After a bit of more probing and pinching, “Our people are killed. Land problem.”
In bits and pieces, he told me about the general mood of the people. At times, other curious men would come to hear our discussion and after coming to know what we were discussing seemed to agree with the man, go away and take their seat again.
I had booked my room online in a hotel in Jimma which turned out to be really shady. So, I took my bag, cancelled my booking, took an auto and went to live in Jimma Central Hotel bang on the bus stand.
From 7 am to 11 am, I could not understand the time of the bus to Gambella. Direct bus to Gambella takes about another 8 hours. No information on websites, hotel people have no idea, shopkeepers and travel agents don’t know about the bus schedule, nobody at the bus stand knows except one man in uniform who does not speak English and does not understand English time. Beware of the Ethiopian time for it can simply blow away your carefully planned schedule. I did not have a schedule and so, had nothing to worry about till it made me miss my direct bus from Jimma to Gambella.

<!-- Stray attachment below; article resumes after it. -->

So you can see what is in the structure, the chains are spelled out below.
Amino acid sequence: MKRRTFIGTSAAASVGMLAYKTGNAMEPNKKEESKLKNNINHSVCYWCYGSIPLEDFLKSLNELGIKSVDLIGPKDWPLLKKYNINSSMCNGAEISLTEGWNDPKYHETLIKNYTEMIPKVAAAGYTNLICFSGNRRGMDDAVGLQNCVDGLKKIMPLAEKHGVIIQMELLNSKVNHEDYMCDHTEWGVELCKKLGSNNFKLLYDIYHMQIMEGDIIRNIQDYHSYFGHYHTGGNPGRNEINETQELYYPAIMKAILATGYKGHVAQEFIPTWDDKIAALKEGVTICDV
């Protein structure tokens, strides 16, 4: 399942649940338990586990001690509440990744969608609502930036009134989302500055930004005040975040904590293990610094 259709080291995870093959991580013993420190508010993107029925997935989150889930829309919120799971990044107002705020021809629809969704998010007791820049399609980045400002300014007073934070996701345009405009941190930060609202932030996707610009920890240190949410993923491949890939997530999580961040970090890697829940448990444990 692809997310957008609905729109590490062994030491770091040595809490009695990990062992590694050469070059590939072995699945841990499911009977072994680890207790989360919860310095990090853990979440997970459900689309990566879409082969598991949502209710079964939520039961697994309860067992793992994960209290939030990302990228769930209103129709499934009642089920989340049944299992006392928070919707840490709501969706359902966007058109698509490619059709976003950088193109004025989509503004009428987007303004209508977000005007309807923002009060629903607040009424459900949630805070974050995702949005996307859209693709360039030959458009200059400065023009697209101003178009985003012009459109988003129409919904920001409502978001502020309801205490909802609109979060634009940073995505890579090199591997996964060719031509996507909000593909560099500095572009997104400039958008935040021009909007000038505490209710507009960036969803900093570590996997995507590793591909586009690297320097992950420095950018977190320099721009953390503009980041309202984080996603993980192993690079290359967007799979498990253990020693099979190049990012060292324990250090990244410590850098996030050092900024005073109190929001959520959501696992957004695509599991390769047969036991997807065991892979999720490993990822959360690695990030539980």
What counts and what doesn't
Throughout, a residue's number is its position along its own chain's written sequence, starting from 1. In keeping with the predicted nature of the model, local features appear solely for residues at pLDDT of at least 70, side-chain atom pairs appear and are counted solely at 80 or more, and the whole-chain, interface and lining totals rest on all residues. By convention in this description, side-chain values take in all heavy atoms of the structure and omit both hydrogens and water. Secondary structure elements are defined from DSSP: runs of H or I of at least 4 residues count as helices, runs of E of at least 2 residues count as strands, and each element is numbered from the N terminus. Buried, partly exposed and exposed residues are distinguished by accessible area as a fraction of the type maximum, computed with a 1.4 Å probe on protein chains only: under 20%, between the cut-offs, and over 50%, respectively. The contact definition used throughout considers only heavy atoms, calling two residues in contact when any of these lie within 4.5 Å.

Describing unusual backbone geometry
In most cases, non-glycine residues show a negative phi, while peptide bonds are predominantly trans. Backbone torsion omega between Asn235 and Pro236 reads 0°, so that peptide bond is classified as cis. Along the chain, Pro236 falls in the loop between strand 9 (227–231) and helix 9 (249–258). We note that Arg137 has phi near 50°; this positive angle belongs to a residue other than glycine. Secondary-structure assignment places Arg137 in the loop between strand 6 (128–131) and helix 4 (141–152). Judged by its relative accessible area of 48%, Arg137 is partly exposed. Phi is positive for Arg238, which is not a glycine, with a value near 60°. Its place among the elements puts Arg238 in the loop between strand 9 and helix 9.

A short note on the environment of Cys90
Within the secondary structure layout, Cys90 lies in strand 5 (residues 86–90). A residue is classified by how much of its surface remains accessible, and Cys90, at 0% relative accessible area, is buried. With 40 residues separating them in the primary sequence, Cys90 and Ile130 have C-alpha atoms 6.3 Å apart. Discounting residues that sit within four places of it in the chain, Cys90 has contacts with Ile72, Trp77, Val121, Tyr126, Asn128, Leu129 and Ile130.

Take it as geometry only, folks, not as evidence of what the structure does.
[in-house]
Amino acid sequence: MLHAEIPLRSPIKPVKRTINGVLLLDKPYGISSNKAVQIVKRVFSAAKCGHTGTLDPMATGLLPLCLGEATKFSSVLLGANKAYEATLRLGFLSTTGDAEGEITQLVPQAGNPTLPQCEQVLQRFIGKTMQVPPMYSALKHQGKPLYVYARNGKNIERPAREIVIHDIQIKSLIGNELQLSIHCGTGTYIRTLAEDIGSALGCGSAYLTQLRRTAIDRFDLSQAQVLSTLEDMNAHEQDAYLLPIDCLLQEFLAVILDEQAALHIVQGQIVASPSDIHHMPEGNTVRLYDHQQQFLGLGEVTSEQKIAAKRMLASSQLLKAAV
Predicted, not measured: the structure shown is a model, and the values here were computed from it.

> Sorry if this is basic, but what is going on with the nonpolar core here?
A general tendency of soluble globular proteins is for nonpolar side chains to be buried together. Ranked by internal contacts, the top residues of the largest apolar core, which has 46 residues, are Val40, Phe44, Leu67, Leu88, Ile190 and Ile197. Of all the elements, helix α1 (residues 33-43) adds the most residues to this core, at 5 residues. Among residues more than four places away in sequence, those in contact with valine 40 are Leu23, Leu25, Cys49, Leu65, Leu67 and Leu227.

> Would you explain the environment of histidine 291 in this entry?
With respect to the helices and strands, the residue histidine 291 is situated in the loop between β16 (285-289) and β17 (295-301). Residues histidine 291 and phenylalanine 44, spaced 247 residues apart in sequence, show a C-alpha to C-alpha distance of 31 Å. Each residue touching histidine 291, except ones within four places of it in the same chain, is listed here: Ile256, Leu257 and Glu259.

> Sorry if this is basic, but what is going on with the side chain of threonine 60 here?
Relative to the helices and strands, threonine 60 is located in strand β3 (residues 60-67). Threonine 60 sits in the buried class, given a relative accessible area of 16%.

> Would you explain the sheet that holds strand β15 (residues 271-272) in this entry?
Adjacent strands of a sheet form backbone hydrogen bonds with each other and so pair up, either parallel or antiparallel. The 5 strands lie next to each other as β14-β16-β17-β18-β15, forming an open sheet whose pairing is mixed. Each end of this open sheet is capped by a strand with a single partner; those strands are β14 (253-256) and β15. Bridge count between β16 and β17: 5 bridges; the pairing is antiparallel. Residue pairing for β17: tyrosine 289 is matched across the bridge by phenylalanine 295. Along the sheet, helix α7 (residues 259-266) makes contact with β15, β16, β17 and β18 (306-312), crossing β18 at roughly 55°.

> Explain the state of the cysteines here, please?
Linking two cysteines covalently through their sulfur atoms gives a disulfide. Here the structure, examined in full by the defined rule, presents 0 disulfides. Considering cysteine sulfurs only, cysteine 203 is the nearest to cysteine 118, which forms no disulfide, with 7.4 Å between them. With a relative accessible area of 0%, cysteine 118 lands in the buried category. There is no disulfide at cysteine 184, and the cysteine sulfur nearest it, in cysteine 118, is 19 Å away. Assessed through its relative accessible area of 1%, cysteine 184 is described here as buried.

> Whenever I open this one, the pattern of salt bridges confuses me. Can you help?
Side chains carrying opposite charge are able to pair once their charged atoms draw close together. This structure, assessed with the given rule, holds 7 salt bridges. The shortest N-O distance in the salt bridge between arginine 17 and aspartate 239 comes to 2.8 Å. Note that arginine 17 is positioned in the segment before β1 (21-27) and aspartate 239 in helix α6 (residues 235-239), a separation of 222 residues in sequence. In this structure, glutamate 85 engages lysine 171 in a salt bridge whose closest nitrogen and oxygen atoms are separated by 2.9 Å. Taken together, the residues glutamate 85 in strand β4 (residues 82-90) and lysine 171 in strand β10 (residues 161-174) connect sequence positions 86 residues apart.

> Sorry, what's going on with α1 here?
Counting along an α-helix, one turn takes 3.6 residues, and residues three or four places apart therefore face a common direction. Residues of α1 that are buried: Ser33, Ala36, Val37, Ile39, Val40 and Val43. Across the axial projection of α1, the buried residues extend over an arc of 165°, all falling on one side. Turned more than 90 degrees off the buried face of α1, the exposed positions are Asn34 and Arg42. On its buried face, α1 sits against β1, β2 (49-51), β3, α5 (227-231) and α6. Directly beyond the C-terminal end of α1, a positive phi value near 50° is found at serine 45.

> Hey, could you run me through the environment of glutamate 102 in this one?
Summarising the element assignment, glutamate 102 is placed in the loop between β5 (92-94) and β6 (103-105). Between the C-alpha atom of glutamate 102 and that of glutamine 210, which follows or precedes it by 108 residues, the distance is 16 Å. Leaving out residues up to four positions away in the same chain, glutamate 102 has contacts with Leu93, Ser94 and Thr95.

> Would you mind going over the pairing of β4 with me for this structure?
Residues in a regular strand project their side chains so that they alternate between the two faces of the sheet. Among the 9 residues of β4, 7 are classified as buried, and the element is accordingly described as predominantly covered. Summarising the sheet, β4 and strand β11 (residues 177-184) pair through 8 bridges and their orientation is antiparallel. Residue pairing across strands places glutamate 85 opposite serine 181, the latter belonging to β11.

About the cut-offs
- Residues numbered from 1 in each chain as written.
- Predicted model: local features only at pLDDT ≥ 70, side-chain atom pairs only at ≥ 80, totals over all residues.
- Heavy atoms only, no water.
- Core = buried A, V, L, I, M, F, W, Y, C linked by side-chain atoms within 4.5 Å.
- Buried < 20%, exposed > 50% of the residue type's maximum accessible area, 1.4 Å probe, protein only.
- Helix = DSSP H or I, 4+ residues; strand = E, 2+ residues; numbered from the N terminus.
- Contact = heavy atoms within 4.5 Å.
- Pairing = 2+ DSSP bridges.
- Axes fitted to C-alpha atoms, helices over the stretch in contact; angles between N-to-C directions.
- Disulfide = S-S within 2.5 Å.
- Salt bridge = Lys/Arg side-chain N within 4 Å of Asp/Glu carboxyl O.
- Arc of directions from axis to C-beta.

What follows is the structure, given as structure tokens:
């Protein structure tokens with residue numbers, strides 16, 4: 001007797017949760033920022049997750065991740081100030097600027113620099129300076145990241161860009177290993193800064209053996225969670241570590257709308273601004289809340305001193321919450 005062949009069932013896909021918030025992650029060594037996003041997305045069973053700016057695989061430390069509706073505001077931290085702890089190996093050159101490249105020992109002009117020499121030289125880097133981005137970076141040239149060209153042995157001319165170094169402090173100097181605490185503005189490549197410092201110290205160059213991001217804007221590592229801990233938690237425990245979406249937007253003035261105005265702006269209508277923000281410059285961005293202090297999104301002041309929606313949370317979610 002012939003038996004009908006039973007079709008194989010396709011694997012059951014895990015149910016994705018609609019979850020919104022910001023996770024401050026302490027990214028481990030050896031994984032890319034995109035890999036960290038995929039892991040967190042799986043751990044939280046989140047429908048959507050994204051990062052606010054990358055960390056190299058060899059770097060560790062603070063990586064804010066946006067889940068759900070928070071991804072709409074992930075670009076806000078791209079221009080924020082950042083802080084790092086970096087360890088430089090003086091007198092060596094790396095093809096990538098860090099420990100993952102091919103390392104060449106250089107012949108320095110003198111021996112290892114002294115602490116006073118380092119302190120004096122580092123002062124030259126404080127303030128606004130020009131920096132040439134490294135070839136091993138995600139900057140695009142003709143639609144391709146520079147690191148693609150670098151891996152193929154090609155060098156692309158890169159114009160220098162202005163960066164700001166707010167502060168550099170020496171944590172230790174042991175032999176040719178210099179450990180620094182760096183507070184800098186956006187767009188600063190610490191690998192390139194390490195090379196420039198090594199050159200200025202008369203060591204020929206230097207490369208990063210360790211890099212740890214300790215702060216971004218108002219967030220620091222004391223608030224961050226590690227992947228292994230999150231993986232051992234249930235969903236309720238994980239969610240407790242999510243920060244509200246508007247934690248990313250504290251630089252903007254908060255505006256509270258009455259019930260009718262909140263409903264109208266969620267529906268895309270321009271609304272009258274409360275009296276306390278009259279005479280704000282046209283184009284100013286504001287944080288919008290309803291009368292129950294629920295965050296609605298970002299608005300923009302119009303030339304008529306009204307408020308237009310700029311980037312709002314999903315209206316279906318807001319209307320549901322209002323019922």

Finally, I had to take a share taxi to Bedele, 140 km away. I wait at the bus stop for 1.5-2 hours before the 12 seater tempo traveller fills. I pay for the two seats beside the driver so I don’t have to smell another passengers armpit but a man comes and requests me to share my seat with him since he is in a hurry. He says he is a PhD student (which his id card confirms) and I agree because I thought it would be useful to travel with a person who could speak English.
Bedele & Metu
Just after Jimma, the road improves drastically and I see a large military compound. The condition of the road before and after the army compound says a lot. The PhD student gets down and Bedele and takes another vehicle to Nekemte while I take a tempo traveller to Metu, 12 km away where I had planned to stay the night. But before leaving, he gives me the phone number of a doctor in Metu and asked me to call him if I run into trouble. I take down the number reluctantly now knowing that the phone number will save me in unimaginable ways.